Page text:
The hike to Field was refreshingly short and relaxing. Overall, we only lost about 300 feet in between the two mountains. We rolled downhill at a gradual pace for a majority of the path, until we reached another sharp, rocky incline which indicated we were on the final leg of our trek to the summit. The climb up was easier than Willey, and the gaunt, ash-colored trees were a refreshing change from the thickly wooded paths from which we came. We reached the summit of Field at 1:30 PM. The views were infinitely more scenic than those at Willey. We stumbled across a cute father-daughter pair feeding the resident grayjays cheese crackers out of their hands. We whipped out the banana bread we brought specifically for this reason and began doing the same. Colin thought it would be a fabulous idea to place the bread on his head, and sure enough, a greedy little grayjay swooped in and perched on there for a bit.

At this time, the sky began to darken and the clouds rolled in ominously over our heads. On our way to Tom (luckily not too far along), we ran into a mother hiking with her kids, who asked us the way to get back to Route 302. She told us that the weather was probably going to worsen and she wanted to make her way down as soon as possible. We decided to follow her advice (her mommy senses were definitely tingling), and we took the same trail down, and eventually merged on to the Avalon Trail. The first half of the decent was a difficult, due to a steep grade and rocky path. We heard the first crack of thunder immediately after we got through the hardest parts of the trail, just after passing the trail to Mt. Avalon on our right and the sign for the Mt. Tom Spur Trail, working off to our left. It suddenly began to pour. Had we foolishly decided to bag Tom, we would have been screwed. The storm was merely a passing thing, and soon after we were pelted with heavy rain, the sun began to peek through the trees.  At this time, we reached Crawford Brook, which was shrouded in a sheer mist—it was gorgeous. We stopped to take a few pictures and consult our guidebook, and we were on our way. We continued straight on our trail, ignoring the two loops that ran off to our right, and eventually crossed Crawford Brook for a second time.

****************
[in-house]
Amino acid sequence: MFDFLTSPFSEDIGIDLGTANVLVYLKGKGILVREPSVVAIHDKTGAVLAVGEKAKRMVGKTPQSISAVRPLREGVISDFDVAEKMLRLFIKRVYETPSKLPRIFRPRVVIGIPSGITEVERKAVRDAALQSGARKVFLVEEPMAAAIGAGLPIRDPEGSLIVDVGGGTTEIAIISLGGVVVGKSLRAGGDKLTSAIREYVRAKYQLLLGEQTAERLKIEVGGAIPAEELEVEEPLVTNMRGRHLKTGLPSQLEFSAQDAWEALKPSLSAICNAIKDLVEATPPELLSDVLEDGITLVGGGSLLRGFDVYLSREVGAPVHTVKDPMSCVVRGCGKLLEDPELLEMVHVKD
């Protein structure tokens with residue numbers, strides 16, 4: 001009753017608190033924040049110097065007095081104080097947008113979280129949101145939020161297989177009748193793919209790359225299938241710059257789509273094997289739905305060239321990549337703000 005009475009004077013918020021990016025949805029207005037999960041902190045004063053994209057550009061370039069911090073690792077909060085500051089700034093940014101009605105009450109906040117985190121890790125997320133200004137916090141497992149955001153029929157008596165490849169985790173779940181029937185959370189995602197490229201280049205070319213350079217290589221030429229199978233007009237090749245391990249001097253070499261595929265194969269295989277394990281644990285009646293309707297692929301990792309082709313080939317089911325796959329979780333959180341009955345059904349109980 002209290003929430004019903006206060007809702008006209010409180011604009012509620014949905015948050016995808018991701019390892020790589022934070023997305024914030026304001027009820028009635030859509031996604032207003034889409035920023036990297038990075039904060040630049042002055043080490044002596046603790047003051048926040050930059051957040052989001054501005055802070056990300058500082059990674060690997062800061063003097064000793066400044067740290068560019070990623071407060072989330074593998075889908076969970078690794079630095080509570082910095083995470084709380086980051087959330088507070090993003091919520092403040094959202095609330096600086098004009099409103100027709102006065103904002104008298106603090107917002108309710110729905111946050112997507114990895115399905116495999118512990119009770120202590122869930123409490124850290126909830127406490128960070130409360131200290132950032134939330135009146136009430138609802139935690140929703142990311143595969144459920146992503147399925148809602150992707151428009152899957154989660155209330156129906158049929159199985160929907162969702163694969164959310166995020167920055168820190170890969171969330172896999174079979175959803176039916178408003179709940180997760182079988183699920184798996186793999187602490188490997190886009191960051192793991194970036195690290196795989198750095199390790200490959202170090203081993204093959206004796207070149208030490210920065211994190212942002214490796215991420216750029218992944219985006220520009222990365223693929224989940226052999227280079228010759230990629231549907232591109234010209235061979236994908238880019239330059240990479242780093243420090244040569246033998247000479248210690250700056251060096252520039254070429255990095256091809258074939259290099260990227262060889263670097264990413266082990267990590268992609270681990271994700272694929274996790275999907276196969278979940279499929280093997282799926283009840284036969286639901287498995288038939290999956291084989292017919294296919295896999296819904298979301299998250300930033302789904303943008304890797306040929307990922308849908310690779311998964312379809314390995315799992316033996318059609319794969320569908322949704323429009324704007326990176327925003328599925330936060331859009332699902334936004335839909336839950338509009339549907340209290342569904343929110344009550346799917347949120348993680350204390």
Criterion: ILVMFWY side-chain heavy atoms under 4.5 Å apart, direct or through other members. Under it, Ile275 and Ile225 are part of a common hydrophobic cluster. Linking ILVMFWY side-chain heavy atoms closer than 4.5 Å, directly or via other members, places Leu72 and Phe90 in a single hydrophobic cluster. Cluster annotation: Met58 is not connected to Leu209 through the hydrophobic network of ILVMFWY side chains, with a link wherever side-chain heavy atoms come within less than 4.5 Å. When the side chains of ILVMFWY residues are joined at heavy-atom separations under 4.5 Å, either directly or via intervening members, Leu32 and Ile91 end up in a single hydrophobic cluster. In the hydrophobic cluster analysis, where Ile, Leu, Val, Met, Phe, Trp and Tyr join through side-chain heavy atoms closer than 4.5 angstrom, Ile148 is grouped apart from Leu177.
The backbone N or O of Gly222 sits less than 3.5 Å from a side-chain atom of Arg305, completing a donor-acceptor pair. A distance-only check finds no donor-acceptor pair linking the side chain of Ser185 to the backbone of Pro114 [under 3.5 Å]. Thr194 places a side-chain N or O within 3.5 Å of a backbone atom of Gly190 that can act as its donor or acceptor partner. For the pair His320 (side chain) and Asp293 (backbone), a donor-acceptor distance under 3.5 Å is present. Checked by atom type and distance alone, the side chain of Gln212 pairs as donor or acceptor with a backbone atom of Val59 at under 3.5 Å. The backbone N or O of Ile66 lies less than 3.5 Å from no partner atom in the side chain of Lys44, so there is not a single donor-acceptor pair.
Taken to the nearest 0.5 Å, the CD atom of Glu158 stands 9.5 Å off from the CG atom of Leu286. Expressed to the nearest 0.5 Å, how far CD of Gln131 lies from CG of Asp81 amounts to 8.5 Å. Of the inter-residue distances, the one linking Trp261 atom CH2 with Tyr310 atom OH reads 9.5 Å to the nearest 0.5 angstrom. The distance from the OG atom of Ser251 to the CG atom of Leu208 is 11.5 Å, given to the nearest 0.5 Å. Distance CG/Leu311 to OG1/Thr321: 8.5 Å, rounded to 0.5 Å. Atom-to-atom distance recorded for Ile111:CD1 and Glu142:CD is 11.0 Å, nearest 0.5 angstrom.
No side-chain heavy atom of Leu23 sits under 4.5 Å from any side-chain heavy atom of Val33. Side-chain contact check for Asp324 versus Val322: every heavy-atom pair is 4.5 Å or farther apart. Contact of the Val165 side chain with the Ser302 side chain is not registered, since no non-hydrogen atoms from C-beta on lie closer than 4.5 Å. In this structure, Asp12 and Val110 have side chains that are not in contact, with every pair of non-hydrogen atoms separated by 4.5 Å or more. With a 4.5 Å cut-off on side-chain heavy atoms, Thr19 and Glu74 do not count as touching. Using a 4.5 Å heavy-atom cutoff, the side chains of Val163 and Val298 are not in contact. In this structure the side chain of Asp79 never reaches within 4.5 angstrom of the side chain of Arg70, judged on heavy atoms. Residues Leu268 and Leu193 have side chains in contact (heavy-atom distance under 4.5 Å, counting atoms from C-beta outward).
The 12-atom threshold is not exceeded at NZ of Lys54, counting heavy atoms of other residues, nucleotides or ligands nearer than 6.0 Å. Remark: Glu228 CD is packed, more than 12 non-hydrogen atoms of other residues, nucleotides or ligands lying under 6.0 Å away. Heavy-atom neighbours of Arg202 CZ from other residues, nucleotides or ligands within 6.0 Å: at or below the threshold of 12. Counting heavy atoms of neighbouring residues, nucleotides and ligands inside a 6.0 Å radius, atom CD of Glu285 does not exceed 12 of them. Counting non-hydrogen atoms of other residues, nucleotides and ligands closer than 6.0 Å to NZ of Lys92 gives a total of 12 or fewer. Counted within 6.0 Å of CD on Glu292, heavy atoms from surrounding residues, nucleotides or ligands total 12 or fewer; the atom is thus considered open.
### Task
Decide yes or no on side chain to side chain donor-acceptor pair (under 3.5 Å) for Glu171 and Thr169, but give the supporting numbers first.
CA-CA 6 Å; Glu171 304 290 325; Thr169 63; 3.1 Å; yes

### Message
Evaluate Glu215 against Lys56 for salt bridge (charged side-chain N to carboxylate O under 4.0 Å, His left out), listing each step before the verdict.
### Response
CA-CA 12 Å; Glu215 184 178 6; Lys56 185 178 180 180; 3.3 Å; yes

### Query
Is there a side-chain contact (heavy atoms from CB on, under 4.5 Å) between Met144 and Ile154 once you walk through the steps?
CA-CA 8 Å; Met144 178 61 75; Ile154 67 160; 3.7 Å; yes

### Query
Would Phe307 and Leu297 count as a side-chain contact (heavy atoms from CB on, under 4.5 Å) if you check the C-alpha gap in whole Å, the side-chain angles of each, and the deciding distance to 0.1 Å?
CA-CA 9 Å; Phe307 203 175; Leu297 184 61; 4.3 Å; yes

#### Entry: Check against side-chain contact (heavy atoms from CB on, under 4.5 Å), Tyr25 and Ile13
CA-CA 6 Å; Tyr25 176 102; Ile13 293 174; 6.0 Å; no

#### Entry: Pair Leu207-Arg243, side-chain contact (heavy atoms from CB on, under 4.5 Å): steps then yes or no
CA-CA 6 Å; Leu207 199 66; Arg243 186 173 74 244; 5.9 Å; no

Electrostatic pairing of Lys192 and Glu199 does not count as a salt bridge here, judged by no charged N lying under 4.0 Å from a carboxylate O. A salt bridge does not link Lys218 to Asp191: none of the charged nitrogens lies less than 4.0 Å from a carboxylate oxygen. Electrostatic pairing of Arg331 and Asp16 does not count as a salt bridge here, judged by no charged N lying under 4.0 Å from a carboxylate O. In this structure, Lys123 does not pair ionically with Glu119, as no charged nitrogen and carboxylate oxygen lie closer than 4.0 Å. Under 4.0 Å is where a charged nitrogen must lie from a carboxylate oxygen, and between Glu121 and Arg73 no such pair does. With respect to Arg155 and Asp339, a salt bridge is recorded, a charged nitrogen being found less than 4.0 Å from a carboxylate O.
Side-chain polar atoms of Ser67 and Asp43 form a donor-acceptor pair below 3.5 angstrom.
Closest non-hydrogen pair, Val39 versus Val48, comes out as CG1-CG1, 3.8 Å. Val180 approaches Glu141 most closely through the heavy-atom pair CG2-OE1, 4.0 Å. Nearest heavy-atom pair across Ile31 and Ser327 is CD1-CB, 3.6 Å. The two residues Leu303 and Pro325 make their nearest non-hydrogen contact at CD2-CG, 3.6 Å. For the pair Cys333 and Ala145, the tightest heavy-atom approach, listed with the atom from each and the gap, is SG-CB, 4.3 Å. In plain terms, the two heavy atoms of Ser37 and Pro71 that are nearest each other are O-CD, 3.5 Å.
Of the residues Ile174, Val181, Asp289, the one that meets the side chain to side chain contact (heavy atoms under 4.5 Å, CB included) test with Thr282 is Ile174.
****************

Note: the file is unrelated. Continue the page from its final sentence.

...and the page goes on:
We arrived at the Appalachian Mountain Club’s Macomber Family Information Center on Route 302 at 4:00 PM, soaking wet, sore, and with dried mud caked on our shoes and legs. Our final mission was to try and hitch a ride back to the Ripley Falls parking lot—a good few miles away from where we were. After asking a few families who politely declined (we don’t blame them), we met a super sweet mother and daughter who were generous enough to drive us back right after they arrived at their lodge for the night. They weren’t even planning on going anywhere, let alone in our direction. It was a lovely reassurance that selfless, genuinely kind people still exist in the world.

No, we didn’t accomplish our goal of getting all three mountains. And sure, we could look back on that hike with disappointment and call it a failure. But we decided to relish in what success we had, and the fun experiences we encountered. Breathtaking views, a beautiful hike in the woodlands, friendly (albeit, super greedy) birds, nice people, and a hike that didn’t kill our legs made it all worthwhile. The thunderstorms deterred us for a little bit, but watch out, Tom. We’re still coming for you.